The Amish support education in a broad sense, but they think that, beyond elementary school, vocational training is sufficient for success in their society.
Before 1950, most Amish children attended public schools. The Amish were comfortable with small rural schools that were controlled by local parents and, indeed, some Amish fathers served on the boards of their rural public schools.
Amish people in many states protested the consolidation of small public schools into large districts, which occurred nationwide in the late 1940s and the 1950s. Parents protested because they wanted to retain control over the nurture of their children. Moreover, they considered formal study beyond the eighth grade unnecessary for their farming lifestyle. Finally, in 1972, the U.S. Supreme Court, in a case known as Wisconsin vs. Yoder, ruled that Amish children could end their formal schooling at the age of fourteen.
Today, a few Amish children in some states attend rural public schools, but the vast majority goes to one- or two-room schools operated by Amish parents. A local board of three to five fathers organizes each school, hires a teacher, approves the curriculum, oversees the budget, and supervises maintenance. Instruction is typically in English. The teachers are usually Amish women who are graduates of Amish schools but have not gone to high school. Nurtured through periodic teachers meetings and by reading Blackboard Bulletin, an Amish teachers’ magazine, the teachers are largely self-trained. They are selected for their teaching ability and their embrace of Amish values.
Scripture reading and recitation of the Lord’s Prayer opens each day, but religion is not formally taught in schools. The curriculum includes reading, arithmetic, spelling, grammar, penmanship, history, and some geography. Science and sex education are not usually taught.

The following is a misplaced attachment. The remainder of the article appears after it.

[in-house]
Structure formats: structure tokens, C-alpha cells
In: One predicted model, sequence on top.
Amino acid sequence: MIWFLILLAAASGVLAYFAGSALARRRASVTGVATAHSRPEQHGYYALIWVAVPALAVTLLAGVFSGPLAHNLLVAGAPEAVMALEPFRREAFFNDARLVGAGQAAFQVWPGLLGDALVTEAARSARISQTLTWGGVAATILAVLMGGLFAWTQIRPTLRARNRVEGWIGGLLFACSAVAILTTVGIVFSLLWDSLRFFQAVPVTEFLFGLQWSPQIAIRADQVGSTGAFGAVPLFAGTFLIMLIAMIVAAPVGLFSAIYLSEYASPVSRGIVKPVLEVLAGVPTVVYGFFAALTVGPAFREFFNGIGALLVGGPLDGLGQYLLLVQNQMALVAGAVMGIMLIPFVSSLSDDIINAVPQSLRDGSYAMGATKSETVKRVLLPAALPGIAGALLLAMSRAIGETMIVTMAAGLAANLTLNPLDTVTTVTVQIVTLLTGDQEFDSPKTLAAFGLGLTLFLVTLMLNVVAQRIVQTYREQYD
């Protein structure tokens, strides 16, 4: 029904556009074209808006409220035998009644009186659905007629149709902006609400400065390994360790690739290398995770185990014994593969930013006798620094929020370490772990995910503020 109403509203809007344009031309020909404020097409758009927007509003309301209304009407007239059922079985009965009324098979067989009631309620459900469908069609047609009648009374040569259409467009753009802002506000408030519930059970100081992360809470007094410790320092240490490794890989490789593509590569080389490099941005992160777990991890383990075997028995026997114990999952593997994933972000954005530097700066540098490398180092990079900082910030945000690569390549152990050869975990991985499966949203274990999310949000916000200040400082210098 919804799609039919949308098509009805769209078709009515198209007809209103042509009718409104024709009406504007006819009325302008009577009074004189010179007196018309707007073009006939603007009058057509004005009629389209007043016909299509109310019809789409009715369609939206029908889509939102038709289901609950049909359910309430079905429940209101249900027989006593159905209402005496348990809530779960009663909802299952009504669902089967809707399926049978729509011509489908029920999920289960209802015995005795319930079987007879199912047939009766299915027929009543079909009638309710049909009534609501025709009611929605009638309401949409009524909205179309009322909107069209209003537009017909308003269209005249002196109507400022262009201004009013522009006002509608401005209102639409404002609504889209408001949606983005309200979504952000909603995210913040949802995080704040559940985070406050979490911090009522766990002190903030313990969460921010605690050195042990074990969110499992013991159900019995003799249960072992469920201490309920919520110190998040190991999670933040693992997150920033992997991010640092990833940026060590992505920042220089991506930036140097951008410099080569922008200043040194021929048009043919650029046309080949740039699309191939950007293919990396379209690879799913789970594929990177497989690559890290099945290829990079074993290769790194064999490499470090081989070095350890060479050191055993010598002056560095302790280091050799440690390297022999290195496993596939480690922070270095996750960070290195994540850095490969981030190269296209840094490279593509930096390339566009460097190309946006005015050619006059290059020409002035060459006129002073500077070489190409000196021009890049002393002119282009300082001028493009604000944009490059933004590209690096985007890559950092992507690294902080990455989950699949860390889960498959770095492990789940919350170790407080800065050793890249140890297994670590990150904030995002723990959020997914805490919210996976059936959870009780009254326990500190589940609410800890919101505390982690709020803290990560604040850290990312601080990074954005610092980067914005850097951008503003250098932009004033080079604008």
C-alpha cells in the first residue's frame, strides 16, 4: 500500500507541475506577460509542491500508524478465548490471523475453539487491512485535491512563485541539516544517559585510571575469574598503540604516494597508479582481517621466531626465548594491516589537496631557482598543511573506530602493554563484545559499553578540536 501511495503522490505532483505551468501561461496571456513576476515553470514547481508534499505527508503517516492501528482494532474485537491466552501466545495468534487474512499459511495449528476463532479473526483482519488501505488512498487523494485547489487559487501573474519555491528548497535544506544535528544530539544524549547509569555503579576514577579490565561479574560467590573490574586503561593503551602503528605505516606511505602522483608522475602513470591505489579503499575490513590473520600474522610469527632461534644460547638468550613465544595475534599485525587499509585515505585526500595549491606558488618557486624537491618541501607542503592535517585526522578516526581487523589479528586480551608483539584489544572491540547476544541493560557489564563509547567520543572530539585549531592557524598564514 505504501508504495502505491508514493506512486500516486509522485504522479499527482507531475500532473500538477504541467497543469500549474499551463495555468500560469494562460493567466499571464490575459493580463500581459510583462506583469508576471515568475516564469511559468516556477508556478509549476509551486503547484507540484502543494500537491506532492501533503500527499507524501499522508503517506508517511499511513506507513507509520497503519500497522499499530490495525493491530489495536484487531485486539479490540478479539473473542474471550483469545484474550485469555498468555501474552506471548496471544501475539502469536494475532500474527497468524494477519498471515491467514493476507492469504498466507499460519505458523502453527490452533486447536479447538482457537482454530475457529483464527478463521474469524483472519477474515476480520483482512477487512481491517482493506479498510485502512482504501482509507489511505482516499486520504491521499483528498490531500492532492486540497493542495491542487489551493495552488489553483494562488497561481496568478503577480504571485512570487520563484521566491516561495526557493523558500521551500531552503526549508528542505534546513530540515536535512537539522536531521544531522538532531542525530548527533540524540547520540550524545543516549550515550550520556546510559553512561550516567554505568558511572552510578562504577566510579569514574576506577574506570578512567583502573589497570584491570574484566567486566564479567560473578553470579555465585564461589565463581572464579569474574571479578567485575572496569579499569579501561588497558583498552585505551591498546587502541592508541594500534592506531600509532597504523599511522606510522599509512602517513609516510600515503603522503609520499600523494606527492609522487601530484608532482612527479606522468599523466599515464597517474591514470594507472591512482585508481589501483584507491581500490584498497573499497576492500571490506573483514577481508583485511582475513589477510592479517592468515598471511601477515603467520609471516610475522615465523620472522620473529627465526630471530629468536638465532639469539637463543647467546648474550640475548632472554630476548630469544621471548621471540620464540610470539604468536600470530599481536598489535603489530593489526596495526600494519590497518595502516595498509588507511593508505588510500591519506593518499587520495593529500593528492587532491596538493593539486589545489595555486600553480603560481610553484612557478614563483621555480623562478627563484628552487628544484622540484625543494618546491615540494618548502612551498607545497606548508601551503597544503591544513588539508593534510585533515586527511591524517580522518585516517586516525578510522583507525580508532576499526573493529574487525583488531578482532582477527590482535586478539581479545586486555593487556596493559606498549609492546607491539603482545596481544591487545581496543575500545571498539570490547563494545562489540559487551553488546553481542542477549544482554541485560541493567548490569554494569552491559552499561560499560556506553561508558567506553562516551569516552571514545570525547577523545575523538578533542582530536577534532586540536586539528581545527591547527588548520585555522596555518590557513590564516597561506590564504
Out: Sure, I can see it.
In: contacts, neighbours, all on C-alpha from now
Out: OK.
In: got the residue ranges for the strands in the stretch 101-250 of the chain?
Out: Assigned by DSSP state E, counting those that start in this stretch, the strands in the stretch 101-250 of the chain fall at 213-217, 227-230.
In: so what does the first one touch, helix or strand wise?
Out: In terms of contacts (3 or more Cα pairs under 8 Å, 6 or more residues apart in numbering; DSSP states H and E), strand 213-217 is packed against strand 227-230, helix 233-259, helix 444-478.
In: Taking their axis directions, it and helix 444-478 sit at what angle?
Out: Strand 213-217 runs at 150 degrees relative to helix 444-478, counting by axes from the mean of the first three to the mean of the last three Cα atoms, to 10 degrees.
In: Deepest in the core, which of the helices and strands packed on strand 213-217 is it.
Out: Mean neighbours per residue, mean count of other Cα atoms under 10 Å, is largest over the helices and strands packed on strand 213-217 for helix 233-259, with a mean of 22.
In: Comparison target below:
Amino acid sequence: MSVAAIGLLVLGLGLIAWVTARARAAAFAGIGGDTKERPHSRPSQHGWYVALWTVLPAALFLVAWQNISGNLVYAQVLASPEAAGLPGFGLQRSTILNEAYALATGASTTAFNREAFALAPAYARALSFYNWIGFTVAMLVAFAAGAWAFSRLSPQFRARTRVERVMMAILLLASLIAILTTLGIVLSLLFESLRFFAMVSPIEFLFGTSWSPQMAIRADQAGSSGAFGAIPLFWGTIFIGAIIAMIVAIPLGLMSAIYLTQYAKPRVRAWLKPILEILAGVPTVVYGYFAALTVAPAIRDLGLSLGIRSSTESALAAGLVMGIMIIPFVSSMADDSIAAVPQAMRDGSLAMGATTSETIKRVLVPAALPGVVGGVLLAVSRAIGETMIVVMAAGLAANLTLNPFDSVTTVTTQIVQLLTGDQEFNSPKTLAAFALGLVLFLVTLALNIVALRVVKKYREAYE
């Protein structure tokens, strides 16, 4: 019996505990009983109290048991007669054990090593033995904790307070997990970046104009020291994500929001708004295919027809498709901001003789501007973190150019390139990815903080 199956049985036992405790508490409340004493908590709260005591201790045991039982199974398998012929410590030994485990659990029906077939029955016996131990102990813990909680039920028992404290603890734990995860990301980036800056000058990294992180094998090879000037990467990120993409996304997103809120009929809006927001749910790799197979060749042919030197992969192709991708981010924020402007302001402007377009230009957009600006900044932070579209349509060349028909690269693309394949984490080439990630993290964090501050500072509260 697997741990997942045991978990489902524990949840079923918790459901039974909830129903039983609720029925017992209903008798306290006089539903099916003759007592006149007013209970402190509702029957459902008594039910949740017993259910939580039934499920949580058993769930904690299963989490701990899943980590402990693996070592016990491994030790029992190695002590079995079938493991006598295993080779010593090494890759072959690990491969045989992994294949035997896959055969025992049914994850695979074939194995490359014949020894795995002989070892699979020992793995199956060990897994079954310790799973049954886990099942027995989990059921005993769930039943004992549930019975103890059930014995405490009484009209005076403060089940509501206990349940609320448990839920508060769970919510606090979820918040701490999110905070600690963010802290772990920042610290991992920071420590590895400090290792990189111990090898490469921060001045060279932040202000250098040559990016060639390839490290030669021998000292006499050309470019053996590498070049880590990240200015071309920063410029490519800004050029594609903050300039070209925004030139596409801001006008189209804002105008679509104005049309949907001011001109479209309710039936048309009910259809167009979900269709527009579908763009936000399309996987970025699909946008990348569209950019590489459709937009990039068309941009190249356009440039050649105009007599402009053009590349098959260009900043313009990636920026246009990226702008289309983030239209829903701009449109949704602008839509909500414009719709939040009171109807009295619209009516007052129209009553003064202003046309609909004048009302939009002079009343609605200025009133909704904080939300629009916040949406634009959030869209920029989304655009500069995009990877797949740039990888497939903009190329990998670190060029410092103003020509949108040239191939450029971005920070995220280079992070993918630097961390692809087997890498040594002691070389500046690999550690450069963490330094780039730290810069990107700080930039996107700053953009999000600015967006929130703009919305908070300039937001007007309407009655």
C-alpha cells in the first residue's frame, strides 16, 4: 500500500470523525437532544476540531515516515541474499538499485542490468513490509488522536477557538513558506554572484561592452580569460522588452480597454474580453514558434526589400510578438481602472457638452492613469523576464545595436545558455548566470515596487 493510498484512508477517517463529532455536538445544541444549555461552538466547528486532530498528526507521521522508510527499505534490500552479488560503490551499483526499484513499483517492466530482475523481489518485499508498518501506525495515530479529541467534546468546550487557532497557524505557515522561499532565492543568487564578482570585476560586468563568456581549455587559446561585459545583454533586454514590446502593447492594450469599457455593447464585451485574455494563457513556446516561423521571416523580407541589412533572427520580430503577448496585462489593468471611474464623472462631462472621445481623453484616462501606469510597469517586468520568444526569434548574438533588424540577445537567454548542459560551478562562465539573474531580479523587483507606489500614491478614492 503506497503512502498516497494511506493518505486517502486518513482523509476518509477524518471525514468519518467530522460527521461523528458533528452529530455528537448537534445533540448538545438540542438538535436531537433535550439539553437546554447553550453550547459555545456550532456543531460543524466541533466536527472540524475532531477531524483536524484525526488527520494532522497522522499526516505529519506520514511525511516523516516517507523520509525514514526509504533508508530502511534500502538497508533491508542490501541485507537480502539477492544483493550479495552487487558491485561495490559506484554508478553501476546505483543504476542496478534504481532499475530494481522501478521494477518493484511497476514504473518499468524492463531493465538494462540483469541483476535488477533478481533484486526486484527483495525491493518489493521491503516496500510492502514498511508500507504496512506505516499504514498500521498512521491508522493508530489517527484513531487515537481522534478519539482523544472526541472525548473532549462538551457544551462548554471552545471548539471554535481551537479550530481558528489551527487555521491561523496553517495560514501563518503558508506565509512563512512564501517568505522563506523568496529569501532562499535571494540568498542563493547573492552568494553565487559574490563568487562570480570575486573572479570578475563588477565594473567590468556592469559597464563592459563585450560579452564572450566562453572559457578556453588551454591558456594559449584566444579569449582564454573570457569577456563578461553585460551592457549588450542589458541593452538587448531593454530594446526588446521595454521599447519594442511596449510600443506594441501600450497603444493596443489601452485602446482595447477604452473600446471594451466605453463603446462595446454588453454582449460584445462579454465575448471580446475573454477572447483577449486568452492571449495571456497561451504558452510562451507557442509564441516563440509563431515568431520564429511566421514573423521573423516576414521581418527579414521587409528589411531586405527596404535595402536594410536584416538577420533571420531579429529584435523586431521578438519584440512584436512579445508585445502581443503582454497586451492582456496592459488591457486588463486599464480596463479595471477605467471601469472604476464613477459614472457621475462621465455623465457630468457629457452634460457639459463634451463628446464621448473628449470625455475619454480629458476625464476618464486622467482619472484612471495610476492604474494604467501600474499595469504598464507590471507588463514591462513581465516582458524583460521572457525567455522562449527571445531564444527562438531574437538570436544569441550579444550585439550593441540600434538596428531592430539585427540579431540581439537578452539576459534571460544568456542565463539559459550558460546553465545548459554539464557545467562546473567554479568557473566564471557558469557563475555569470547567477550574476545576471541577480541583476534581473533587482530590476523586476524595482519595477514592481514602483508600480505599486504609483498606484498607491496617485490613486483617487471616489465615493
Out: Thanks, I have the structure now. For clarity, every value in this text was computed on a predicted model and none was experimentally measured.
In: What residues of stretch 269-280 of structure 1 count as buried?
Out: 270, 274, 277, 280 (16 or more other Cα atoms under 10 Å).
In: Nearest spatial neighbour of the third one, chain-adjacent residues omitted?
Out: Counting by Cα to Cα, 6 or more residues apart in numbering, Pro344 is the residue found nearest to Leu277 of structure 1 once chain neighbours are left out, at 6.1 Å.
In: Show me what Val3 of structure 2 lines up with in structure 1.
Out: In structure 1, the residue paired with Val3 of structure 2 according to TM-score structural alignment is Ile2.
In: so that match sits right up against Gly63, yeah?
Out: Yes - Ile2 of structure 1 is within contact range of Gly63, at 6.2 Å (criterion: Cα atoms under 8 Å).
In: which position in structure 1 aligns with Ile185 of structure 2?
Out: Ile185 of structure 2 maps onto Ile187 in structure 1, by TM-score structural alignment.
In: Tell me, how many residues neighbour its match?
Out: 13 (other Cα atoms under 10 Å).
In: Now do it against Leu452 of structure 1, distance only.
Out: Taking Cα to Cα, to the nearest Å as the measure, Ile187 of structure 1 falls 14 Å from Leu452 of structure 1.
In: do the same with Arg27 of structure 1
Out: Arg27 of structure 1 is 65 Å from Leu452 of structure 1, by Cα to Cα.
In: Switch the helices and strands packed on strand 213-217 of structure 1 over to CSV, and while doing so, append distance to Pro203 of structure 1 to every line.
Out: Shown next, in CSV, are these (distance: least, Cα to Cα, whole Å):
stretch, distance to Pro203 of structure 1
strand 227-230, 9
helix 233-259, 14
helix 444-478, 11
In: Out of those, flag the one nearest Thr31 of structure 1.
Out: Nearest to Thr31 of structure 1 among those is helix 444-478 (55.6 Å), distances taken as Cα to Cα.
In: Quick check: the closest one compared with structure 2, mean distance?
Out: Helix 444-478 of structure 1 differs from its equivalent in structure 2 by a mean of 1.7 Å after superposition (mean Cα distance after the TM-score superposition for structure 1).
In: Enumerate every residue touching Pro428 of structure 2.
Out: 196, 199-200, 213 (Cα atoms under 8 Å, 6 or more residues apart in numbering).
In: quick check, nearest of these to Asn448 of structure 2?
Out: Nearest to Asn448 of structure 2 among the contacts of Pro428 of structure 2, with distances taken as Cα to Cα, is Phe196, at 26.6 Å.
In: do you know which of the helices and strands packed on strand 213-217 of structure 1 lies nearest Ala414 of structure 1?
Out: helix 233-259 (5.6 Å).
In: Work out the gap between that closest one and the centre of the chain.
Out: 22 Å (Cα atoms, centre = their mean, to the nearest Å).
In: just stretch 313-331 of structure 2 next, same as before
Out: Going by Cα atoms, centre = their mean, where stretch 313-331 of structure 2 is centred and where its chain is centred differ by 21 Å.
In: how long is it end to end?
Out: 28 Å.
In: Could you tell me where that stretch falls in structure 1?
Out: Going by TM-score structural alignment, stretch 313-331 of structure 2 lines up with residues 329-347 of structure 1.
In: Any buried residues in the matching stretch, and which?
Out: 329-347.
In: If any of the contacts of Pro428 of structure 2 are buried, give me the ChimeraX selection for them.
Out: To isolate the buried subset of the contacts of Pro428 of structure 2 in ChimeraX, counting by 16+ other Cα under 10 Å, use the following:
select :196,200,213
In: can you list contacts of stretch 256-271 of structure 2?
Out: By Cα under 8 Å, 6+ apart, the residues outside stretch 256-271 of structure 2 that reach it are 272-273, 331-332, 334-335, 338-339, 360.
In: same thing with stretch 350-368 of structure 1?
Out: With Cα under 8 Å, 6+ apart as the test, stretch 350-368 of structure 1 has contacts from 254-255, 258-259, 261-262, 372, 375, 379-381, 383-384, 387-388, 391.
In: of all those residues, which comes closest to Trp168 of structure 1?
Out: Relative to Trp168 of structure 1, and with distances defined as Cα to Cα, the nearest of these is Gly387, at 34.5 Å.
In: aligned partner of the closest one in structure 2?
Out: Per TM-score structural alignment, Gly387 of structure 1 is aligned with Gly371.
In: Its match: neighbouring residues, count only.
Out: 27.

With three or four pupils per grade, teachers often instruct two grades at a time. Classrooms exhibit a distinct sense of order amidst a beehive of activity. Hands raise to ask permission to use the outhouse, get a library book, or clarify instructions as the teacher moves from grade to grade every ten or fifteen minutes.
The ethos of the classroom accents cooperative activity, obedience, respect, diligence, kindness, and the natural world. Little attention is given to independent thinking and critical analysis, which are the values of public education.
The quality of instruction varies considerably across the different Amish settlements. In some communities, Amish pupils have scored very well on standardized achievement tests. However, the real test of Amish schools is not how they compare with suburban schools, but how well they prepare Amish youth for success in Amish culture. Schools play an important role in passing on Amish values, developing friendships, limiting exposure to the outside world, and preserving Amish culture across the generations.
- See chapter 14, “Education,” in Donald B. Kraybill, Karen M. Johnson-Weiner, and Steven M. Nolt, The Amish (Baltimore: Johns Hopkins University Press, 2013).
- Karen Johnson-Weiner, Train Up a Child: Old Order Amish and Mennonite Schools (Baltimore: Johns Hopkins University Press, 2007).
- Mark W. Dewalt, Amish Education in the United States and Canada (Lanham, MD: Rowman and Littlefield Education, 2006).
- Sara E. Fisher and Rachel K. Stahl, The Amish School (Intercourse, PA: Good Books, 1997).
- See chapter 5, “The Changing Landscape of Learning,” in Charles E. Hurst and David L. McConnell, An Amish Paradox: Diversity and Change in the World’s Largest Amish Community (Baltimore: Johns Hopkins University Press, 2010).